Other Names: Poms, Toy
Type: Companion Dog
Height: 8 -
Weight: 3 - 7 lbs.
colors, but free from black or white shadings; whole colors are
white, black, brown, orange, cream, wolf sable, beaver (dark
beige), red, light or dark blue. They can also be particolor.
Coat: Long, straight and harsh with a soft,
fluffy undercoat. Very abundant coat.
Pomeranians are friendly, active, lively, spunky and are highly
trainable. A very clean dog they have been described as catlike.
They can be unfriendly to not only strangers but sometimes to
people they know and simply do not like if they are not properly
socialized. They are alert, active, and curious. They are
relatively obedient, and can be anthropomorphized as "full of
itself". They like to demand attention when they want it, and
are very playful.
With Children: Yes, though they should be supervised as
they may not tolerate young children.
With Pets: Yes, good with other pets.
Special Skills: Companion and family pet.
Watch-dog: Very High.
They will call attention to anything unusual with a shrill yappy
Guard-dog: Very Low. Although defensive and alert, they
are not equipped in either physical attributes or bravery to
tackle most threats.
Care and Training:
Daily brushing of the long double coat is needed to prevent
matting. Monthly bathing is recommended. Pomeranians shed once
or twice a year. Clean the eyes, ears and teeth regularly.
Pomeranians do not need a large amount of exercise. Indoors at
home or a romp in the park will suffice. Barking needs to be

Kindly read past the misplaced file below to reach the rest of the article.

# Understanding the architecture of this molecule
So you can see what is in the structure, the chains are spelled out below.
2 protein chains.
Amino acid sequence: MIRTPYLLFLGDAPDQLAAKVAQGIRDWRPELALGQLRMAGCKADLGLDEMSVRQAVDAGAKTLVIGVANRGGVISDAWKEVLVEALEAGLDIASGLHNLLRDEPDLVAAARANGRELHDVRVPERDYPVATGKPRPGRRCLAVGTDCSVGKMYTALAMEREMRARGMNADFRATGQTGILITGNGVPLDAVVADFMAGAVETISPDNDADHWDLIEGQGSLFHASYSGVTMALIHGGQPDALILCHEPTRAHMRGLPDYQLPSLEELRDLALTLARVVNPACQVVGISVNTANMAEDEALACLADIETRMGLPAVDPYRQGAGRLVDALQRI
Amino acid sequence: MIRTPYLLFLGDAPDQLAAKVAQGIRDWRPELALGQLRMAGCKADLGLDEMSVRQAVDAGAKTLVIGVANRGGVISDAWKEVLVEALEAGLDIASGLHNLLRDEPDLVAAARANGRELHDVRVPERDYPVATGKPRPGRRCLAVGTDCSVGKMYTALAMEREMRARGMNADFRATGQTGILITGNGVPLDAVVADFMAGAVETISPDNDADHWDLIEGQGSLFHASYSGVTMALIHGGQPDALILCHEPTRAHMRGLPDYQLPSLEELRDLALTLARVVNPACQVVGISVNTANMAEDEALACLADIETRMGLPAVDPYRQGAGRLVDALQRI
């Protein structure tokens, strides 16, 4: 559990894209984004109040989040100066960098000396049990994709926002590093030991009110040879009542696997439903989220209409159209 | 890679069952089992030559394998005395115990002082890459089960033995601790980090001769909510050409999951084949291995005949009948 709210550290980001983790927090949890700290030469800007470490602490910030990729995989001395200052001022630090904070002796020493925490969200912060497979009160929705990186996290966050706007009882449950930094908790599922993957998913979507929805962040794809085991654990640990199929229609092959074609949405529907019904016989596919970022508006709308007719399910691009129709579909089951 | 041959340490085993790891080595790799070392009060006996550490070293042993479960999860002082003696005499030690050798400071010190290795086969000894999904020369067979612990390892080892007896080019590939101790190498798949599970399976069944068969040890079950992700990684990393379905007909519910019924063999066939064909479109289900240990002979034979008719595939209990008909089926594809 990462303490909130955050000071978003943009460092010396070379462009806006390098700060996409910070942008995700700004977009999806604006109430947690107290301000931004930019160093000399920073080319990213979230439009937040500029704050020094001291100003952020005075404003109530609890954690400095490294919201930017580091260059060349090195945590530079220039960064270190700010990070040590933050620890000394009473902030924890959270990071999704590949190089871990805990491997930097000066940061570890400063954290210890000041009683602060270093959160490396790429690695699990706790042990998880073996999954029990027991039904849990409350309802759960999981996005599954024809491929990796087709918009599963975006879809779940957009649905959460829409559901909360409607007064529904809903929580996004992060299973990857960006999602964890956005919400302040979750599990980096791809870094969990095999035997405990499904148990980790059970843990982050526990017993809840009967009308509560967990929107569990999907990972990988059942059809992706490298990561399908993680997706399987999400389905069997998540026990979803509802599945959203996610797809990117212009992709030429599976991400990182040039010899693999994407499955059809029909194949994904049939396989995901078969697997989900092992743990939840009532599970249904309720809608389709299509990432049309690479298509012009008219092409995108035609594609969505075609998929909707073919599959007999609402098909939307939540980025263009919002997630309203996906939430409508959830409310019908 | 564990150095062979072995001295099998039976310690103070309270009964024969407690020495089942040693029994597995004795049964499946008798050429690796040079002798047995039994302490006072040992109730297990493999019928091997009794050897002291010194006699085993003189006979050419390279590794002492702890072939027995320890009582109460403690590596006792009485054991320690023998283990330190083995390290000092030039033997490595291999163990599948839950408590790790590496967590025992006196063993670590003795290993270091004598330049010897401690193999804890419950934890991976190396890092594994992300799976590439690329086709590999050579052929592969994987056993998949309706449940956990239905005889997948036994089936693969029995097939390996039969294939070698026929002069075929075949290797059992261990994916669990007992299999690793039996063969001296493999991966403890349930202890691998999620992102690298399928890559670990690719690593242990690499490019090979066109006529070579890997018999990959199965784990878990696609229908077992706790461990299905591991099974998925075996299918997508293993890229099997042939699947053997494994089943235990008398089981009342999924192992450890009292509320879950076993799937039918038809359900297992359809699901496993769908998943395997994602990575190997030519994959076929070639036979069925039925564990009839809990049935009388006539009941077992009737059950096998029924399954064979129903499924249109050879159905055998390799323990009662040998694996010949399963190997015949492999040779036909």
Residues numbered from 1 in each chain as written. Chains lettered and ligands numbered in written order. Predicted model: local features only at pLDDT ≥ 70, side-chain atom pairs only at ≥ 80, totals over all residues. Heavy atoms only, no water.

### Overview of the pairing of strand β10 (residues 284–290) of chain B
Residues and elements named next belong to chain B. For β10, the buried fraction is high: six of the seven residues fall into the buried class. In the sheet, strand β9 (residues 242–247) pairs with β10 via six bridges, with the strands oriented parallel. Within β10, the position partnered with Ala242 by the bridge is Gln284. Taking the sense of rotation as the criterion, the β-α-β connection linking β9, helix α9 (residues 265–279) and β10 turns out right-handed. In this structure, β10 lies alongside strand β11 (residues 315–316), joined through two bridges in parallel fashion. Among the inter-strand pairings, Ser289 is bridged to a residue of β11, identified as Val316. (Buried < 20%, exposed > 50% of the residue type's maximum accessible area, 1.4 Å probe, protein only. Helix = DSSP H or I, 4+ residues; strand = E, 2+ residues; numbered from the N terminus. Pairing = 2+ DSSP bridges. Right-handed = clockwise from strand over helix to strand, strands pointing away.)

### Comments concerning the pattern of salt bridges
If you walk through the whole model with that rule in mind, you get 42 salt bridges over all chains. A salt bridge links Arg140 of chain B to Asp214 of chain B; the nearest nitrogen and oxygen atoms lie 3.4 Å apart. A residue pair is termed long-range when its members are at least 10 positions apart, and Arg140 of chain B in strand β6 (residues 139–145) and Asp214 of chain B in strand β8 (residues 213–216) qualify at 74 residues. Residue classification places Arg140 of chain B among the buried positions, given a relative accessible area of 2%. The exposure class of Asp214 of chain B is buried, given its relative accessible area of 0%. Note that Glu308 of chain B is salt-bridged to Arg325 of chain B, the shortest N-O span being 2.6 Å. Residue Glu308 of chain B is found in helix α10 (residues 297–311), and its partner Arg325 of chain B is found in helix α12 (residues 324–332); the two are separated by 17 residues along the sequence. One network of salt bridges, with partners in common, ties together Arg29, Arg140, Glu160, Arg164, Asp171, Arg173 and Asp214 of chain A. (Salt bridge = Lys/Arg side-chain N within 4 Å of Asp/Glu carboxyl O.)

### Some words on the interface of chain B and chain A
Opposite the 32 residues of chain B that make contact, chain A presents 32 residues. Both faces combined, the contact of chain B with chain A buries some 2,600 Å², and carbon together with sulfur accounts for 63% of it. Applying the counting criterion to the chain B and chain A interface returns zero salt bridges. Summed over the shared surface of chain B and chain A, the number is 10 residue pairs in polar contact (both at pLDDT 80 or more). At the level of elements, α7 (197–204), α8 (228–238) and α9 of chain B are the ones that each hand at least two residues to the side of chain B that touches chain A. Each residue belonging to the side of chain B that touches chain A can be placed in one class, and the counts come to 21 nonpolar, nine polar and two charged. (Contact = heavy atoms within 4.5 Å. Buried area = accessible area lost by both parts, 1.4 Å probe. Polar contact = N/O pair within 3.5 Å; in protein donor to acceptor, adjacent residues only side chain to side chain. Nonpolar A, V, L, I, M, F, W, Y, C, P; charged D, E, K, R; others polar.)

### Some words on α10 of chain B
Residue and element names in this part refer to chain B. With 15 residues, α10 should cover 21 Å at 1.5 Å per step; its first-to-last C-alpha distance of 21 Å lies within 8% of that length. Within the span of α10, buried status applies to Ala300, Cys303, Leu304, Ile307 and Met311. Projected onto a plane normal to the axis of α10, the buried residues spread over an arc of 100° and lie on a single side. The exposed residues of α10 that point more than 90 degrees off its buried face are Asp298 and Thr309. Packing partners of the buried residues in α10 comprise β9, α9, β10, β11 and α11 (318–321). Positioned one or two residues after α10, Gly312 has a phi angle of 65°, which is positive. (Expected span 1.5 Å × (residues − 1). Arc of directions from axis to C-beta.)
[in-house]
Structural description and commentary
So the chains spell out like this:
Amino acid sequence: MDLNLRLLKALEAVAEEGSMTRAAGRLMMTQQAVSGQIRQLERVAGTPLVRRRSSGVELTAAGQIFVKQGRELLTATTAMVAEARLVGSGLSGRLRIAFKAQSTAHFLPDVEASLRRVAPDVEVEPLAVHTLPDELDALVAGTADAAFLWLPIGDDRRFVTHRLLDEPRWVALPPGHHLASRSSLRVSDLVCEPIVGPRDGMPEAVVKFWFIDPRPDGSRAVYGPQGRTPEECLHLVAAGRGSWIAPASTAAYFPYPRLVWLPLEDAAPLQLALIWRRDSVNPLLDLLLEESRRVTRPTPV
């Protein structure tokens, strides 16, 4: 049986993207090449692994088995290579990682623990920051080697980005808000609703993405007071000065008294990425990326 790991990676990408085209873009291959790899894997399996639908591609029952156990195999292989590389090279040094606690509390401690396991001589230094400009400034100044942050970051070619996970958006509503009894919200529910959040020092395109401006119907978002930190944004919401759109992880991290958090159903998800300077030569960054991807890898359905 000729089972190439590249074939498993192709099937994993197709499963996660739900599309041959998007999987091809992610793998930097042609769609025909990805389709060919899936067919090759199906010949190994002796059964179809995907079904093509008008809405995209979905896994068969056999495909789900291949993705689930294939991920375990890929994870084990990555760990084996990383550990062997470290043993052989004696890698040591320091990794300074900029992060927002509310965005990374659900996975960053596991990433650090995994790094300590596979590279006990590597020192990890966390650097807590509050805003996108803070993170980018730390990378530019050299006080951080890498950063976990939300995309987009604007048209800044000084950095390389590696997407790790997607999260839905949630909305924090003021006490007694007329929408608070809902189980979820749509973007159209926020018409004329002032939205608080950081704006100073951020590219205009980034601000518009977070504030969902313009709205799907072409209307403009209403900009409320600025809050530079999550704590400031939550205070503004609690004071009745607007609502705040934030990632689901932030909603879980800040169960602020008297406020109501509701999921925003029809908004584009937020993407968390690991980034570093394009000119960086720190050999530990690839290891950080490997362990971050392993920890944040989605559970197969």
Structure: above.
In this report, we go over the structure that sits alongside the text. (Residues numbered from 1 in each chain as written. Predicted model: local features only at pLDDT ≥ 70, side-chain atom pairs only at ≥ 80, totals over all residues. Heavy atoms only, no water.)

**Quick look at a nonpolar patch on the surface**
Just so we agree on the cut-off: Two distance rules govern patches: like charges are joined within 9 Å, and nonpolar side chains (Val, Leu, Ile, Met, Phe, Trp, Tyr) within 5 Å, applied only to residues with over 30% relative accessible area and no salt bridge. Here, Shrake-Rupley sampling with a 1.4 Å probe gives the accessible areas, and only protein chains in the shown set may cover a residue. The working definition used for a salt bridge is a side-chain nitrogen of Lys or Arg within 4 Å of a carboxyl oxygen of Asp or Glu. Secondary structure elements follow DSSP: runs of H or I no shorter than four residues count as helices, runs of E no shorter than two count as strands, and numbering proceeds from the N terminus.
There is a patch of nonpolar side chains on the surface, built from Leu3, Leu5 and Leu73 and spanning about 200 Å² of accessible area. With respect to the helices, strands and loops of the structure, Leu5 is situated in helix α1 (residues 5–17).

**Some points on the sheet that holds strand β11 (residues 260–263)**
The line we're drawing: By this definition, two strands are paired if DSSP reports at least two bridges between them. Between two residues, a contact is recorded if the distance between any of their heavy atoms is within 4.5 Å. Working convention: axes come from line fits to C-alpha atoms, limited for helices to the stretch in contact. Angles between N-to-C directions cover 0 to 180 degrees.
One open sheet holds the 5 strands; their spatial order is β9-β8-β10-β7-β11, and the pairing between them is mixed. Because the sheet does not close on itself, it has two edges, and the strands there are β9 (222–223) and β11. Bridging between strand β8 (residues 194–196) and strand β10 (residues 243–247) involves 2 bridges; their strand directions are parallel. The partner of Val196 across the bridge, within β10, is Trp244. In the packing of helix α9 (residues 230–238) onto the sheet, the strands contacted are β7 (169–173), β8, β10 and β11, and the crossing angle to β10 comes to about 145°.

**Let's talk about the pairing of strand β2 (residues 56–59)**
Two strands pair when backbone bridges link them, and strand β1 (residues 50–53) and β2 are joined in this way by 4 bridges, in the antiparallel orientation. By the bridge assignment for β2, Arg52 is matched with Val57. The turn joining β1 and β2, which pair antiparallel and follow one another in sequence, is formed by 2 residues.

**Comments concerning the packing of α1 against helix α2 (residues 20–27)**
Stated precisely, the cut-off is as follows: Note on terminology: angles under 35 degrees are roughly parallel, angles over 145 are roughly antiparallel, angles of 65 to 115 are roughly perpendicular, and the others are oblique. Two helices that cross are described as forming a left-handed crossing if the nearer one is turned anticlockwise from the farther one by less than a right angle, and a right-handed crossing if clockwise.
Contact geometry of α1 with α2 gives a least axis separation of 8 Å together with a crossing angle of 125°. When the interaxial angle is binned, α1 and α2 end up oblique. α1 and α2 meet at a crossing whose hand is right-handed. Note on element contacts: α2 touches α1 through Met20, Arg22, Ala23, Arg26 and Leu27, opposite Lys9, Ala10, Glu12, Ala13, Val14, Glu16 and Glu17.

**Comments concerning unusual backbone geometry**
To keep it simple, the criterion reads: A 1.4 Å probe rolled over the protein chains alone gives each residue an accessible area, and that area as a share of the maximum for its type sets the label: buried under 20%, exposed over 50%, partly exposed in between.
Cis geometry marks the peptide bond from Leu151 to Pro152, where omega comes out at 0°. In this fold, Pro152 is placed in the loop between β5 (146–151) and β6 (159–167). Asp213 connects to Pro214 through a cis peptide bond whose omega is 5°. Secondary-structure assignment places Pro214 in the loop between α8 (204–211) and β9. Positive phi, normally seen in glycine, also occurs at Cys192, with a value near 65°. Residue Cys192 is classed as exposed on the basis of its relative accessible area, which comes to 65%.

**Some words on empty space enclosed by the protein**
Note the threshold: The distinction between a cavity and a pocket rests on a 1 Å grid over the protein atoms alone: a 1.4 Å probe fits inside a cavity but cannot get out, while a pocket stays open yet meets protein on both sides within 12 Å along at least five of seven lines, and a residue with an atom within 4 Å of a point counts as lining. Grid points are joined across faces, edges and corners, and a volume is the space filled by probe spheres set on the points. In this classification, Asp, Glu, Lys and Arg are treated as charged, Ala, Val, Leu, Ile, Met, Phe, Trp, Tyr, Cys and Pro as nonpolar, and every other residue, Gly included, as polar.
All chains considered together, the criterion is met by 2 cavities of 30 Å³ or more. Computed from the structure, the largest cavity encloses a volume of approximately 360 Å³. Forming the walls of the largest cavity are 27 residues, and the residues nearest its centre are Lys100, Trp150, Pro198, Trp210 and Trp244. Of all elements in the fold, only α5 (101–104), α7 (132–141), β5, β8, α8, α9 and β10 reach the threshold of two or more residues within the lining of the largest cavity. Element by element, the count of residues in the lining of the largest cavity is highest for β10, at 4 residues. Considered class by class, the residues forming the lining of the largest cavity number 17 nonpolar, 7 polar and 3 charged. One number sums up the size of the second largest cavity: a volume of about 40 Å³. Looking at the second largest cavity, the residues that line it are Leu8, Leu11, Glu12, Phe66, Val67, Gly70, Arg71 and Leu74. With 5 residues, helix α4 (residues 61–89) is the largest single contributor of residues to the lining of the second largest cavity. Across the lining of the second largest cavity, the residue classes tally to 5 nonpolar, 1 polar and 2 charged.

curbed from an early age.
Learning Rate: High. Obedience - Very Low. Problem
Solving - High.
Activity: Indoor -
Very High. Outdoor - Medium.
Living Environment: Apartment or house, city or country,
Pomeranians thrive in a busy family atmosphere and love to be
pampered. Poms make an excellent companion for the elderly. Some
Poms do best in an adult only home. The best owner for this
breed would be an adult owner living in a city environment.
Life Span: 12 -
Litter Size: 1 - 3 puppies.
Country of Origin:
History: Pomeranians are known to have existed
around the eighteenth century in Germany. They resemble the
much larger sled-pulling Spitz type dogs from the Arctic Circle,
which they are said to have descended from. German Spitz have
been around since at least 1450, when they were recorded in
German literature. In 1750, Count Eberhand Zu Sayre Buffon wrote
in his National History of Quadrupeds that he
believed the Spitz was the ancestor of all domestic breeds. The
Spitz breeds probably descended from dogs brought to the Germany
and Holland, or Scandinavia, by Vikings who plundered and purged
the cities during the Renaissance era. It was said that the
white spitz lived in Pomerania, while the black ones resided in
Würtemberg. Several breeds came from these
dogs, including the Keeshond, Wolf Spitz, Giant, Standard and
Small German Spitz, as well as the Pomeranian, also known as the
Toy German Spitz. The toy Spitz went on to be imported in Great
Britain at least 100 years ago, and was from Pomerania in
Germany, thusly being renamed the Pomeranian. The Pomeranian was
first introduced to Britain in the 19th century weighing around
30 lbs. Today the toy Spitz and the Pomeranian are considered
different breeds. Queen Victoria took such delight in these dogs
that at one time they were called Victorian Poms. Many of the
breeds were recorded in paintings as well. In 1899 the German
Spitz Club was formed, and the breed was official. Smaller and
smaller Pomeranians began to dominate the show ring in England,
and some began to miss the larger breed, the Giant German Spitz.